Some Thoughts on the Libya Security Council Resolution

by Erik Voeten on March 18, 2011 · 3 comments

in International Relations

I am about to fly to Montreal for the 2011 International Studies Association conference but I wanted to pass on some quick thoughts on the resolution that the UN Security Council passed last night.

  • This resolution does not tell us what type of military action will be taken by whom at what point. There is no UN rapid reaction force that is authorized to do anything. Instead, it provides legitimacy for the military actions that (coalitions of) UN member states may want to undertake. I have some thoughts here on why Security Council resolutions are thought to provide such legitimacy. This legitimacy is especially important for Europeans but it also seems to matter for U.S. public opinion.
  • The initiative for the resolution came from the French and the British rather than the U.S. This is somewhat unusual historically but very important. Especially the French do not have a strong track record in humanitarian missions. It also seems like the European Union itself is an important player in the initiative. The EU has traditionally taken a modest profile in matters of international security but they have established some experience (in Kosovo) and capacity in this regard. Especially the British military is well equipped to exercise rescue missions and air raids.
  • We can argue about the timing of this and it is unclear whether the resolution is going to be effective but in general I am supportive of this development. The main fear is that Khadaffi will raise the violence to genocidal levels once his troops get to Benghazi. Once evidence of such atrocities comes in, the last thing we need is delicate Security Council negotiations about authorization to do something. States now at the very least have no excuses for standing by. I must admit that I do not have a sufficiently clear picture of the military situation to give a good assessment of how effective air strikes are likely to be in stopping the progress of Khadaffi’s forces to Benghazi but I suspect the people in Benhgazi are better off with than without the resolution. That doesn’t mean I would like to be in their shoes right now.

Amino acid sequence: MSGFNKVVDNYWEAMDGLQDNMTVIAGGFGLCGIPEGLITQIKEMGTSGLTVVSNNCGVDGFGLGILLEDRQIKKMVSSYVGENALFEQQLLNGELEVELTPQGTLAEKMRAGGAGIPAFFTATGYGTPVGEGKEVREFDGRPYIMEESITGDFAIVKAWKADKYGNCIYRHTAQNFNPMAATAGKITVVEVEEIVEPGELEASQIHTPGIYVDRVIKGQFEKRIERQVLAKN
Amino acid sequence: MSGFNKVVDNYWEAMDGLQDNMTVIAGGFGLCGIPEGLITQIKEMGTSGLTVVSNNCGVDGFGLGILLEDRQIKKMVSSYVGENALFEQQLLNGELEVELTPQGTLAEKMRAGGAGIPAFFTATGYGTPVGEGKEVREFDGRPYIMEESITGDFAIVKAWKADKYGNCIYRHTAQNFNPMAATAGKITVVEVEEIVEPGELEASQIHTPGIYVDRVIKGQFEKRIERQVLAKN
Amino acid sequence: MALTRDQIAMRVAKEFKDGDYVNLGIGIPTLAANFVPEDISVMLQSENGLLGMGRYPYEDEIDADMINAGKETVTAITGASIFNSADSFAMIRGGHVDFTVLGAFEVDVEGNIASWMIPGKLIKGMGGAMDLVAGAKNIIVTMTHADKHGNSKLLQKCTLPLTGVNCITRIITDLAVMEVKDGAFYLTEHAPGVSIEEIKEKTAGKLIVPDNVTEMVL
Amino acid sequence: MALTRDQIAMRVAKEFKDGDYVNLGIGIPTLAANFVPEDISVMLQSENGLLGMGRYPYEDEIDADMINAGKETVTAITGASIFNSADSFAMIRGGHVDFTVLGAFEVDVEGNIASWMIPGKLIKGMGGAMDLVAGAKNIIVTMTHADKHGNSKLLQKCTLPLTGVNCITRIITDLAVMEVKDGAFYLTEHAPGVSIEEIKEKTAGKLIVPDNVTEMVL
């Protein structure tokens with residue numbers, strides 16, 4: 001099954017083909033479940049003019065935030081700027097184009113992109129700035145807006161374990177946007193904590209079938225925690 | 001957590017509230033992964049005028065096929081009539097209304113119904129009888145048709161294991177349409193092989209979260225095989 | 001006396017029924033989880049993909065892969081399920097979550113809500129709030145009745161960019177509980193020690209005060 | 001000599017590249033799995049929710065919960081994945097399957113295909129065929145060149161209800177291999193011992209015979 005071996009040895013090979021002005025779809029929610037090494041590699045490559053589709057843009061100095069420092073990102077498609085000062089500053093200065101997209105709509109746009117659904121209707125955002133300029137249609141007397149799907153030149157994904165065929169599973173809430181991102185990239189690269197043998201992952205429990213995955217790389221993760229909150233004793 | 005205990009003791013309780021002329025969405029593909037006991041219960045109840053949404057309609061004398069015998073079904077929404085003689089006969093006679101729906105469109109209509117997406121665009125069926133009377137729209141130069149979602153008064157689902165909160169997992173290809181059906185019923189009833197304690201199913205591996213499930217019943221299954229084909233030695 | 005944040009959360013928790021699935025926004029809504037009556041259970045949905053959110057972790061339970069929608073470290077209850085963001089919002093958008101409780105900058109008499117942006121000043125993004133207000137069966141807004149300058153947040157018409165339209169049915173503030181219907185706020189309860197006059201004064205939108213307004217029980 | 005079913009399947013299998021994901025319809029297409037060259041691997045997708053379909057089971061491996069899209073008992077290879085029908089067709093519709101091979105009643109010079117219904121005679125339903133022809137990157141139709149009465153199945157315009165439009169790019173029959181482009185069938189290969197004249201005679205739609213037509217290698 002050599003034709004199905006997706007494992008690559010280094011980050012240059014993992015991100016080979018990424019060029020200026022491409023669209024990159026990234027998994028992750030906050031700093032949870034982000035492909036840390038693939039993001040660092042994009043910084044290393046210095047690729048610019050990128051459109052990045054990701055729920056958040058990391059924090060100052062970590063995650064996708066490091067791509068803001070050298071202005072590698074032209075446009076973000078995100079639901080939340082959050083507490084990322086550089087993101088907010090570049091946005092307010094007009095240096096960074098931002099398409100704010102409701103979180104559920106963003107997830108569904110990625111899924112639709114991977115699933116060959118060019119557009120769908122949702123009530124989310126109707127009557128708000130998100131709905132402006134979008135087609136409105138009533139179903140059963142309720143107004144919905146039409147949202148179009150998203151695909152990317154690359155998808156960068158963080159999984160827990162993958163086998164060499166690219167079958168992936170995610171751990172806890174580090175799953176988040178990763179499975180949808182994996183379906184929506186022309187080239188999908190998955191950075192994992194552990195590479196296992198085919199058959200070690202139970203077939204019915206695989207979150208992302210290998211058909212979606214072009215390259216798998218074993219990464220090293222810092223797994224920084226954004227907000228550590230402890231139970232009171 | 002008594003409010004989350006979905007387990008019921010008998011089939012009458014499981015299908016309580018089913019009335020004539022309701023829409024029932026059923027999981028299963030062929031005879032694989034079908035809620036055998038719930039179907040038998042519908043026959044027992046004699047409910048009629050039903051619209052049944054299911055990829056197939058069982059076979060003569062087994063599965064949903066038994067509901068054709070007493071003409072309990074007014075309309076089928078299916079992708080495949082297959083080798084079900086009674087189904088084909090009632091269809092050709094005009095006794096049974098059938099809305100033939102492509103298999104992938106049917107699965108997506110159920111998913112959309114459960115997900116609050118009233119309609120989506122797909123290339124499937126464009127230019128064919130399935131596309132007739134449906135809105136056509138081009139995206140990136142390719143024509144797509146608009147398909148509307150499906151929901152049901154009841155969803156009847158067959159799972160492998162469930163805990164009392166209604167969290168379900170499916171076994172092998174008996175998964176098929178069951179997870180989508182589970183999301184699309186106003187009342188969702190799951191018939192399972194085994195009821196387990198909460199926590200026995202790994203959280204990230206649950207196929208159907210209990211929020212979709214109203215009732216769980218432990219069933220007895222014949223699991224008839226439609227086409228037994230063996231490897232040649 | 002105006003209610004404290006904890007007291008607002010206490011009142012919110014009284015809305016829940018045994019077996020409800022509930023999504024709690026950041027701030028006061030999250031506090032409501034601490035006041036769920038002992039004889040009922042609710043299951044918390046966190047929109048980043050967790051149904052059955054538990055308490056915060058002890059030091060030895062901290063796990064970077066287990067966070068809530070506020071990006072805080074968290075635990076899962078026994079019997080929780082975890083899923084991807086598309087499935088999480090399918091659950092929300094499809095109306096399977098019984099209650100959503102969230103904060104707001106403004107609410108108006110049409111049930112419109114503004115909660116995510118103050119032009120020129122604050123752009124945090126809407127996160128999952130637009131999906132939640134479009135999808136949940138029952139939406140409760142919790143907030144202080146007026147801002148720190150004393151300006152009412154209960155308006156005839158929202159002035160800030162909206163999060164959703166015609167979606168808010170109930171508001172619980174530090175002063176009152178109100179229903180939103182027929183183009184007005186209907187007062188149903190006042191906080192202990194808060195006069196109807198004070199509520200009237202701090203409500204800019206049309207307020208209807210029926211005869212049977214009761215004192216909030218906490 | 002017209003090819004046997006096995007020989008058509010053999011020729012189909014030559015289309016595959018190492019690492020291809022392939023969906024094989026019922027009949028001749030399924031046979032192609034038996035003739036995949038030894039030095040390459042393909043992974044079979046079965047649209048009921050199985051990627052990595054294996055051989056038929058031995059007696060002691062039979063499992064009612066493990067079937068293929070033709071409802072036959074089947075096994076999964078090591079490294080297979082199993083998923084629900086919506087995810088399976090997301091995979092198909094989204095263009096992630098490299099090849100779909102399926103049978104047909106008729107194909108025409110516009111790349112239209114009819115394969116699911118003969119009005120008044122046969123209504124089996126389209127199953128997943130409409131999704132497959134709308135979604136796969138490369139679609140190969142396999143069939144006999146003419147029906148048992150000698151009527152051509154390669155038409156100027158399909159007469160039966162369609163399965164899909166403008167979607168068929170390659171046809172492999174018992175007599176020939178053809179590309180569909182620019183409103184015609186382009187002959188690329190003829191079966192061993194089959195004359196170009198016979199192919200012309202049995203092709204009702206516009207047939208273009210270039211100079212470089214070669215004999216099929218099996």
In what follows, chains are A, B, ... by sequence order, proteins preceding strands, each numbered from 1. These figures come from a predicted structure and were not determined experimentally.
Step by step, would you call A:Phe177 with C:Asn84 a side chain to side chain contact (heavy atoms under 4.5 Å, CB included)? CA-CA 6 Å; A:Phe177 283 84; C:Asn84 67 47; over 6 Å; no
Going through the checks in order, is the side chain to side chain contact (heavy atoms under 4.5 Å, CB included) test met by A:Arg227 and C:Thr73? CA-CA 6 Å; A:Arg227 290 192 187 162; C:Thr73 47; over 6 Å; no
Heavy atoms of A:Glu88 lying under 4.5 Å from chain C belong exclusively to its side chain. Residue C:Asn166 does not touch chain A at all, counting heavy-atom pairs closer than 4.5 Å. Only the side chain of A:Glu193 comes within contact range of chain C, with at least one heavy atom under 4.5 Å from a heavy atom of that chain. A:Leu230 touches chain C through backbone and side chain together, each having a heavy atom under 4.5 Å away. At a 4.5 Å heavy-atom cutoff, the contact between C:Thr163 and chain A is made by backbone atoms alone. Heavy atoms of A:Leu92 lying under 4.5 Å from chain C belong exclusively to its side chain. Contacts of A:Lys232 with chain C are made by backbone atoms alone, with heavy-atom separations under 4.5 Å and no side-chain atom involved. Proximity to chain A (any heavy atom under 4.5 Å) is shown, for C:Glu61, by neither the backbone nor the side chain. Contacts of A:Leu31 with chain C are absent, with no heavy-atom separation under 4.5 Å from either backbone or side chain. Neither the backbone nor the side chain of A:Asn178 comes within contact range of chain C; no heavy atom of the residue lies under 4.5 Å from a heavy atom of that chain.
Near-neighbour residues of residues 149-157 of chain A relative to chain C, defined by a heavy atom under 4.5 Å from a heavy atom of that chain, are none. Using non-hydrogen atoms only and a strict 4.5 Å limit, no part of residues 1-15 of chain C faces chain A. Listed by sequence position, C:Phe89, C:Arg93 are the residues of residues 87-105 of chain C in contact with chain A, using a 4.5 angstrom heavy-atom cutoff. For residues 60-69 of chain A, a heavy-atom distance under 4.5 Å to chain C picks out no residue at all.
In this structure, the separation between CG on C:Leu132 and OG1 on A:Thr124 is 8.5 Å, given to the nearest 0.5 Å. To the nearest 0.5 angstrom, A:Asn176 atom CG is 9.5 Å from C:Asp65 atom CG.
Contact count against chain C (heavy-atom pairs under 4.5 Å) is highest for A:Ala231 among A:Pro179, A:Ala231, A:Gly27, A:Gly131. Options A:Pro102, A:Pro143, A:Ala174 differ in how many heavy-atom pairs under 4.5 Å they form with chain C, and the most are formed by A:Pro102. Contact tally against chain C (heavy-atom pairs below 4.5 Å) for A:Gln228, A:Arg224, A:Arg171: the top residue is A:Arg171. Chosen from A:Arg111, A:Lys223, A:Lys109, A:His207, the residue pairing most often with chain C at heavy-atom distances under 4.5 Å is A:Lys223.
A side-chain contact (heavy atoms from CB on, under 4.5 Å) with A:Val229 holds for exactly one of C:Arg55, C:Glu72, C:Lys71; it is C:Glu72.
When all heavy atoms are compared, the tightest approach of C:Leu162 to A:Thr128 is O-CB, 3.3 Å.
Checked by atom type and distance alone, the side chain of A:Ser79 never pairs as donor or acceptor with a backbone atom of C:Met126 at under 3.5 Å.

• David Bosco offers a good analysis of the peculiar usage of abstentions on the security council.

{ 3 comments }

Kerim Can March 18, 2011 at 12:51 pm

Qaddafi immediately responded to the UN resolution by declaring a ceasefire. It seems this civil war will end with a stalemate but not a negotiated peace treaty. Who will become the authority in the rebel areas? Will they be recognized and will they be able to sell Libya’s oil to the world markets? If Libya becomes fragmented like Iraq, will that be a desirable outcome?

kerimcan March 18, 2011 at 12:52 pm

Qaddafi immediately responded to the UN resolution by declaring a ceasefire. It seems this civil war will end with a stalemate but not a negotiated peace treaty. Who will become the authority in the rebel areas? Will they be recognized and will they be able to sell Libya’s oil to the world markets? If Libya becomes fragmented like Iraq, will that be a desirable outcome?

Fr. March 19, 2011 at 10:37 am

“Especially the French do not have a strong track record in humanitarian missions.” We still do not: the French decision was rushed and taken against, not by, the French diplomatic apparatus. Sarkozy literally bypassed his Minister, intending to improve his mediocre foreign policy record since his election.

Had he followed the usual route of consulting with the rest of the state complex, and had he not been pushed towards doing something spectacular to impress his EU partners and the electorate, he would never have taken the decision so swiftly.

This resolution is no departure from the usual French position. I would call it an accidental event with no substantial promise of a longer term shift . I would also argue against the idea that the EU was influential here: I have not read anything that would support that idea.

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